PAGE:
When temperatures reach 98 – 100 degrees with heat indexes as high as 115, like last weekend in Maryland, everything cold gets warm incredibly fast! During these extreme temperatures, many shippers are requesting that even fresh loads run at 26 degrees instead of 28.
What precautions do carriers exercise in extreme high heat conditions? We asked some drivers and owner-operators to weigh in on what they do to ensure their cargo doesn’t go off-temp.
- Keep a bulkhead on the trailer and in use, especially with multi-stop deliveries.
- Be sure to run on continuous and not on start/stop mode. Most reefer failures occur at start up, so running continuous can help avoid that problem. Older trailers have a hard time maintaining the required temperature, so make sure you don’t have any leaks in the reefer trailer, especially if you are hauling sub-zero loads.
- Also, plug any drain holes and use a pulp thermometer back hatch.
- Make sure door seals are fully intact. You can’t have any broken or missing gaps in the door seals. The cold air from inside the trailer will create condensation and leak through those same floor holds, which can degrade or erode the insulation on the underside of the trailer floor.
- Service the trailer regularly by checking belts and making sure the compressor is working correctly. If you are running an older reefer and can afford to buy a new one, do it. It is a good investment!
- Always carry spare oil and antifreeze for the trailer’s reefer engine and radiator.
- In fear of stating the obvious, don’t run the reefer very long while the doors are open when it is hot outside.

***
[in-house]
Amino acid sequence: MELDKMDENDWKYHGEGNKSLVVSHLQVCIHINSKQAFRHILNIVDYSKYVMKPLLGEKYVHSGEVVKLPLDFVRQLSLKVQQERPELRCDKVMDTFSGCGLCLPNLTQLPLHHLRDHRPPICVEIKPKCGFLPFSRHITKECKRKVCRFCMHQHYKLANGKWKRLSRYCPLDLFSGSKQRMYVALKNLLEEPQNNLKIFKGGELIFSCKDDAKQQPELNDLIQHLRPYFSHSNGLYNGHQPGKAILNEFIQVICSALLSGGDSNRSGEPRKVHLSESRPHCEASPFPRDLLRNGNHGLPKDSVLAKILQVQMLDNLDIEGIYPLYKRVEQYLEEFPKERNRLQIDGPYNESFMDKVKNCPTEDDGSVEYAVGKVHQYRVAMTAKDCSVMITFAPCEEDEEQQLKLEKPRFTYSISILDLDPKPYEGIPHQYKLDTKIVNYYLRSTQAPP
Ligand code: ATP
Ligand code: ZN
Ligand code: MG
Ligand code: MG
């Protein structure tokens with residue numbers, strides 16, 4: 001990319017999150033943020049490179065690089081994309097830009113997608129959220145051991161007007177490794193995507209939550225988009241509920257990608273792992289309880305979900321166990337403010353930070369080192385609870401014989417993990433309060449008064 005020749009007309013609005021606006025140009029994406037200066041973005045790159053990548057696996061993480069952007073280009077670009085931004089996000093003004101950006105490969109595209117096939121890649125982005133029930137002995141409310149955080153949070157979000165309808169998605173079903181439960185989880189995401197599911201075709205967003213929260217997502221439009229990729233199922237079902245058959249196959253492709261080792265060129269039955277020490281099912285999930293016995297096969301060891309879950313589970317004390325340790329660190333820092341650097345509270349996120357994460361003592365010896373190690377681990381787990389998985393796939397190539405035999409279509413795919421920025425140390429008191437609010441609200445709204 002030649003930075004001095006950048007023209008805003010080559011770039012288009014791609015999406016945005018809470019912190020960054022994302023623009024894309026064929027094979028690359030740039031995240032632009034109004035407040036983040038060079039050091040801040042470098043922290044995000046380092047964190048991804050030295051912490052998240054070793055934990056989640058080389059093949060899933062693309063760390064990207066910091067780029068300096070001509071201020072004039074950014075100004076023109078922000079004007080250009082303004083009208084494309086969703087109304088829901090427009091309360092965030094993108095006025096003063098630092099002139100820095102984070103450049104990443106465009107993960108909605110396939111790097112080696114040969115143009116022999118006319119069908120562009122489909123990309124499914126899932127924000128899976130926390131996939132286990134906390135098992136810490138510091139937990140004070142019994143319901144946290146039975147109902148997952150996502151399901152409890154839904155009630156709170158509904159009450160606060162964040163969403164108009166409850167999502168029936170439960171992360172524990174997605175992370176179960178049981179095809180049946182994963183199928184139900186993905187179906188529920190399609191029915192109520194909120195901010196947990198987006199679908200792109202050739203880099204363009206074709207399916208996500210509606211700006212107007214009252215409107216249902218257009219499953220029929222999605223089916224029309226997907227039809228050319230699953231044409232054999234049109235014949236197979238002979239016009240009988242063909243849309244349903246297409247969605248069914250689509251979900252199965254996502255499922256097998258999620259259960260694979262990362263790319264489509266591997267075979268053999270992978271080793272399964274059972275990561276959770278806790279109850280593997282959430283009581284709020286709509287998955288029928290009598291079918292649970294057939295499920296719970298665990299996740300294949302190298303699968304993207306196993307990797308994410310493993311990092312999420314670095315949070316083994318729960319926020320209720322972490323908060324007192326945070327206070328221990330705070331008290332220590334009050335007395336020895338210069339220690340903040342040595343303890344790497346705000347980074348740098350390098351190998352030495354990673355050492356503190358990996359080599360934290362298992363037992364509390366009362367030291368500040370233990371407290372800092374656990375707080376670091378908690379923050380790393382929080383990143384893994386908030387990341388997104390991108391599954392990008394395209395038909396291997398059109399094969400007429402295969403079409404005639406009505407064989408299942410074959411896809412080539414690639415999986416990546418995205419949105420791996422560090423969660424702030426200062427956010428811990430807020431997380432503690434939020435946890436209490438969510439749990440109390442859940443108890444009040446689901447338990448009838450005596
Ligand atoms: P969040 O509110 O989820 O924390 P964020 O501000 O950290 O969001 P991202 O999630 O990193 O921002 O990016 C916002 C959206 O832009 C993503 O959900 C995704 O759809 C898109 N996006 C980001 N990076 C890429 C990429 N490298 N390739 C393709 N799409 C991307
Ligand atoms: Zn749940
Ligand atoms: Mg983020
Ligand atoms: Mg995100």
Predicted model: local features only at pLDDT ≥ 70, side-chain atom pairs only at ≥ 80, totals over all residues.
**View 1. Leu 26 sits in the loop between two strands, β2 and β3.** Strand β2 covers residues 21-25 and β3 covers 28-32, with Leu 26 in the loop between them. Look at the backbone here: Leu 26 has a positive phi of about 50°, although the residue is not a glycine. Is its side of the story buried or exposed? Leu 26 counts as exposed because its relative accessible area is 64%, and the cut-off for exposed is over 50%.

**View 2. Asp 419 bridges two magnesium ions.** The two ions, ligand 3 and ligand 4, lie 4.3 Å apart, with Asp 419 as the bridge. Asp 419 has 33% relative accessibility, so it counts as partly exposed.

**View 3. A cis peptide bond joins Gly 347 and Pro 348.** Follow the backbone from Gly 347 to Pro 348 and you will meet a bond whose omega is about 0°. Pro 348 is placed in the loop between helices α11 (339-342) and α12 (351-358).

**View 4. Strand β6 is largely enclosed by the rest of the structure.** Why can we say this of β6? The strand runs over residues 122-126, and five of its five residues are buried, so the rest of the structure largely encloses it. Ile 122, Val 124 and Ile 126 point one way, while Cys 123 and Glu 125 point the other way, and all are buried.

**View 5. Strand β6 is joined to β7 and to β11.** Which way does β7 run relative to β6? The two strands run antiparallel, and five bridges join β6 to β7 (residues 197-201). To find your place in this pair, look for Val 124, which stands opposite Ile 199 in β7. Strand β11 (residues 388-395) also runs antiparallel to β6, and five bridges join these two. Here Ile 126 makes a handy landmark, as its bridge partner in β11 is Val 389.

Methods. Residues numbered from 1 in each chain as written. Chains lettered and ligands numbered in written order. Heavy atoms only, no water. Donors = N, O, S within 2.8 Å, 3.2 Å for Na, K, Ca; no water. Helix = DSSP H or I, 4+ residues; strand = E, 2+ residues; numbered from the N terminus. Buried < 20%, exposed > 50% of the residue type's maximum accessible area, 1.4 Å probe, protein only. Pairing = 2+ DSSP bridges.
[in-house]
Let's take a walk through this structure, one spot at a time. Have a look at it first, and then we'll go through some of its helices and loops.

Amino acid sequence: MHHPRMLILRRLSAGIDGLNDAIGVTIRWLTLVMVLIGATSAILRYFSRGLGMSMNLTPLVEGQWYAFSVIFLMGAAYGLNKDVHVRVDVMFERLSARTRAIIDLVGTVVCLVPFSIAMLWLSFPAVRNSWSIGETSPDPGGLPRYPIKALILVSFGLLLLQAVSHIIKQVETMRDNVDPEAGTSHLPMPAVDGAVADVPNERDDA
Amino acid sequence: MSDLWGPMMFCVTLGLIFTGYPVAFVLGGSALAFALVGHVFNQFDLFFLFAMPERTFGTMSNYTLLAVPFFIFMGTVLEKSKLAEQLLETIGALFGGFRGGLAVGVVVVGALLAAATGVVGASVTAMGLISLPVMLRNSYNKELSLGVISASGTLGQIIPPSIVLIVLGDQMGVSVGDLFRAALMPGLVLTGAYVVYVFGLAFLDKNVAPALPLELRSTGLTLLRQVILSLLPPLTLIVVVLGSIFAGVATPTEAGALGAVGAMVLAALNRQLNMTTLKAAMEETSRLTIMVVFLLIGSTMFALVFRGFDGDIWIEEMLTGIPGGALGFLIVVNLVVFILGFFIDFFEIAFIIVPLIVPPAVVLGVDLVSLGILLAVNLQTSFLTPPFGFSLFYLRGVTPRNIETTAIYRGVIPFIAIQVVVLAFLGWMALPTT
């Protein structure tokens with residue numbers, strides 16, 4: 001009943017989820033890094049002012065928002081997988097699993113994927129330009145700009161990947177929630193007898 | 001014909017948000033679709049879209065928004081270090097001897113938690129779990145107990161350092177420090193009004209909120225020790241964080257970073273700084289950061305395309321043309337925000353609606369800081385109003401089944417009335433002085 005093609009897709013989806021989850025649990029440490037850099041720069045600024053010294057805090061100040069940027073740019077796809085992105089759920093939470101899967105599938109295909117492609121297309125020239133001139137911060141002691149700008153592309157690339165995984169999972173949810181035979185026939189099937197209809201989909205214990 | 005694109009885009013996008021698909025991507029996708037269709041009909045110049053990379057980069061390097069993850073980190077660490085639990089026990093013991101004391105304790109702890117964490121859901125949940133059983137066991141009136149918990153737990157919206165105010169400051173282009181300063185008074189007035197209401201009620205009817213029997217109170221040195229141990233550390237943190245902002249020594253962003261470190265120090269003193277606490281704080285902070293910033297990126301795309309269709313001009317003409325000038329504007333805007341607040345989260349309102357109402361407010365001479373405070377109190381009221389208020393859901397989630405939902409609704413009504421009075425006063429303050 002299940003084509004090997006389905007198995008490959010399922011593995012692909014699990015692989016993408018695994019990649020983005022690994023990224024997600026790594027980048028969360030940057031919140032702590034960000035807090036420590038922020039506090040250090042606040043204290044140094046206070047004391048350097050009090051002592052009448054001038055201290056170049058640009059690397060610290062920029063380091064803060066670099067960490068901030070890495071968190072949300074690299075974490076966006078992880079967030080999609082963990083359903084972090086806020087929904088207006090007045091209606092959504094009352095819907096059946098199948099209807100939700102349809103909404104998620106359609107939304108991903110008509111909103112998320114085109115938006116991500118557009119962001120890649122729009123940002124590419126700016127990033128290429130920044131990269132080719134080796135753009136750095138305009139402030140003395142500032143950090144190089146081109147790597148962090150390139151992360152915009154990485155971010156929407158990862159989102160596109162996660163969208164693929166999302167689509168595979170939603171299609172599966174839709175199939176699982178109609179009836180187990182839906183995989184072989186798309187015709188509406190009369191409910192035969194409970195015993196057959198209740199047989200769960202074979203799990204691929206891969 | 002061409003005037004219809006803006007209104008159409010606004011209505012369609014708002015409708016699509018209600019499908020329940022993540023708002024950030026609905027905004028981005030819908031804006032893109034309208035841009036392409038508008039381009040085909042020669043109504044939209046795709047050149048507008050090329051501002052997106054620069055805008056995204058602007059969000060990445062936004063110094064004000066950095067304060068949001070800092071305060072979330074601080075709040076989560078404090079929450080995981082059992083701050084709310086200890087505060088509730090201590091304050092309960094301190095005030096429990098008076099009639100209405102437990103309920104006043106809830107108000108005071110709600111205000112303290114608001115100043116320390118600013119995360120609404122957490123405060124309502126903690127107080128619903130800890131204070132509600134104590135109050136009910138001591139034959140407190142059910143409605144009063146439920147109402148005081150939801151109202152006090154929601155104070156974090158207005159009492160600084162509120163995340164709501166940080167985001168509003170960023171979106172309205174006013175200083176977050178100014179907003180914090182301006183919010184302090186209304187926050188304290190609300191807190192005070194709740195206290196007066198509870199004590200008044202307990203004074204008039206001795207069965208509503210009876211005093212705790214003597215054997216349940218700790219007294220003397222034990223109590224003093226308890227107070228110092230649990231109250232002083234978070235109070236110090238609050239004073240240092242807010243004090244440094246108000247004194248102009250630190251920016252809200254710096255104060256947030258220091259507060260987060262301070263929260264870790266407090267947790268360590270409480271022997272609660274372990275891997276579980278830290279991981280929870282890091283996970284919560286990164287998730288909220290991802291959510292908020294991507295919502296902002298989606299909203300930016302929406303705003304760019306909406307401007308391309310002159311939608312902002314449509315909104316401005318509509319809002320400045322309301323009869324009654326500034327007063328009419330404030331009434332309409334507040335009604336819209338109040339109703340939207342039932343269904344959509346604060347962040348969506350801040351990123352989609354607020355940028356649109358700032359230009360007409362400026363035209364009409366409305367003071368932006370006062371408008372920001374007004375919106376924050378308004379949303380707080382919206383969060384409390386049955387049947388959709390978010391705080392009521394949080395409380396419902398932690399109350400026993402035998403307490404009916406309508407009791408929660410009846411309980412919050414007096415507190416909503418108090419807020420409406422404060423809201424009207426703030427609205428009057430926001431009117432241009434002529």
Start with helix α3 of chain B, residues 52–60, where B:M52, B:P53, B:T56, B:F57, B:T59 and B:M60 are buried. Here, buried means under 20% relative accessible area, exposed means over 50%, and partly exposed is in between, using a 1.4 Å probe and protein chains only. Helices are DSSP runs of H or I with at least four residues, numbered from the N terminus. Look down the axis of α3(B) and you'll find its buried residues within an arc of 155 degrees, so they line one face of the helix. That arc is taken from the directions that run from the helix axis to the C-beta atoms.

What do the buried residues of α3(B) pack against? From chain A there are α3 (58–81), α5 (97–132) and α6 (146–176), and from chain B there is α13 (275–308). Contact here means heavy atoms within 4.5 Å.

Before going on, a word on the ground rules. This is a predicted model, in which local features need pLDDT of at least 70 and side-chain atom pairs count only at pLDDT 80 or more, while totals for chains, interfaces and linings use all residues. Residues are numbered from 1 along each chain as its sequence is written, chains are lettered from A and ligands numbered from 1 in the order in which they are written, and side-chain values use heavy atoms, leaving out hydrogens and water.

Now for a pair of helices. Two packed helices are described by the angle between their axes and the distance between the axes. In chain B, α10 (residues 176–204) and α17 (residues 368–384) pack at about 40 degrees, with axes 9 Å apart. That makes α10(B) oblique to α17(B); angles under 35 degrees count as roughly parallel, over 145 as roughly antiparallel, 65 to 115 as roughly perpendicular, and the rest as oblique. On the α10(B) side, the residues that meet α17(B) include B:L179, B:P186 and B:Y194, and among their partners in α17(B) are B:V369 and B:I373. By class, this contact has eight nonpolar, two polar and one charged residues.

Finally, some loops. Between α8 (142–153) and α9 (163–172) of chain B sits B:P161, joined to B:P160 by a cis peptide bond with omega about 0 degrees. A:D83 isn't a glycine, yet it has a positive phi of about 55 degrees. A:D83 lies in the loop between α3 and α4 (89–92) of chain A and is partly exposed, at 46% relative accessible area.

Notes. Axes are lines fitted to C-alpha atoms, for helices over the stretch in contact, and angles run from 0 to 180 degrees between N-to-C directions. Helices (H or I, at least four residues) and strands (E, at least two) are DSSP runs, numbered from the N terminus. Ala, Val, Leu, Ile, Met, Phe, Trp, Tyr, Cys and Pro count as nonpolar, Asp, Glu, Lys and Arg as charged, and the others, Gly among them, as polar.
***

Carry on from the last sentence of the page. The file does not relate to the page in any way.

What precautions do 3PLs take in hot weather: At Choptank Transport, we follow strict shipping guidelines for our cold freight services. These are called SOPs, or standard operating procedures, and every person who has a stake in the shipment must follow these steps judiciously. Below are a few of the primary steps we follow when working with refrigerated freight shipper on a temperature-controlled shipment.
Step 1: Establishing the specific temperature range for the product is first and foremost. This information must be communicated in several ways – verbally and in writing. It must be accurately documented on all paperwork, including the bill of lading (BOL) and any communication between shipper and carrier sales/dispatcher. Important: There is no such thing as over-communicating when it comes to shipping temperature-sensitive freight.
Step 2: In addition to getting verification that the carrier’s trailer is dry, clean, and odor-free, the trailer must be adequately pre-cooled to the required temperature by the shipper. In extremely high heat zones, this may take longer than in cooler climates. It should also be documented and verified that the trailer temperatures run continuously, without interruption.
Step 3: Upon request or if the product is suspect, we will probe or pulp a product on the loading dock before putting in the reefer trailer. This practice is particularly important for some kinds of produce that may come out of the fields hot. It is then re-probed upon arrival before the load is accepted at the receiving dock. The job of the reefer trailer isn’t to cool down a product but to maintain a certain temperature. If melons load at 85 degrees and you put them into a pre-cooled trailer at 45 degrees, they will probably explode. (Most produce is cooled with forced air before shipping.)
Step 4: Tracking is required by Choptank for all loads over 500 miles. Choptank requires its contracted carriers to download the Trucker Tools app, industry-specific software that allows us to know where our customer’s freight is at any given time. To record temperatures, we use temp tail recorders to monitor and document real-time readings en route. We receive e-mail or text alerts whenever there is a temperature fluctuation which allows us to address the issue right away.
Choptank Transport has minimal temperature-related rejections because of the detailed SOPs, carrier vetting practices, and vigilant staff we have in place. From the acceptance of a tender to the final delivery, we are watching and monitoring every shipment.
Have some tips of your own to share with fellow shippers or carriers? Leave a comment below.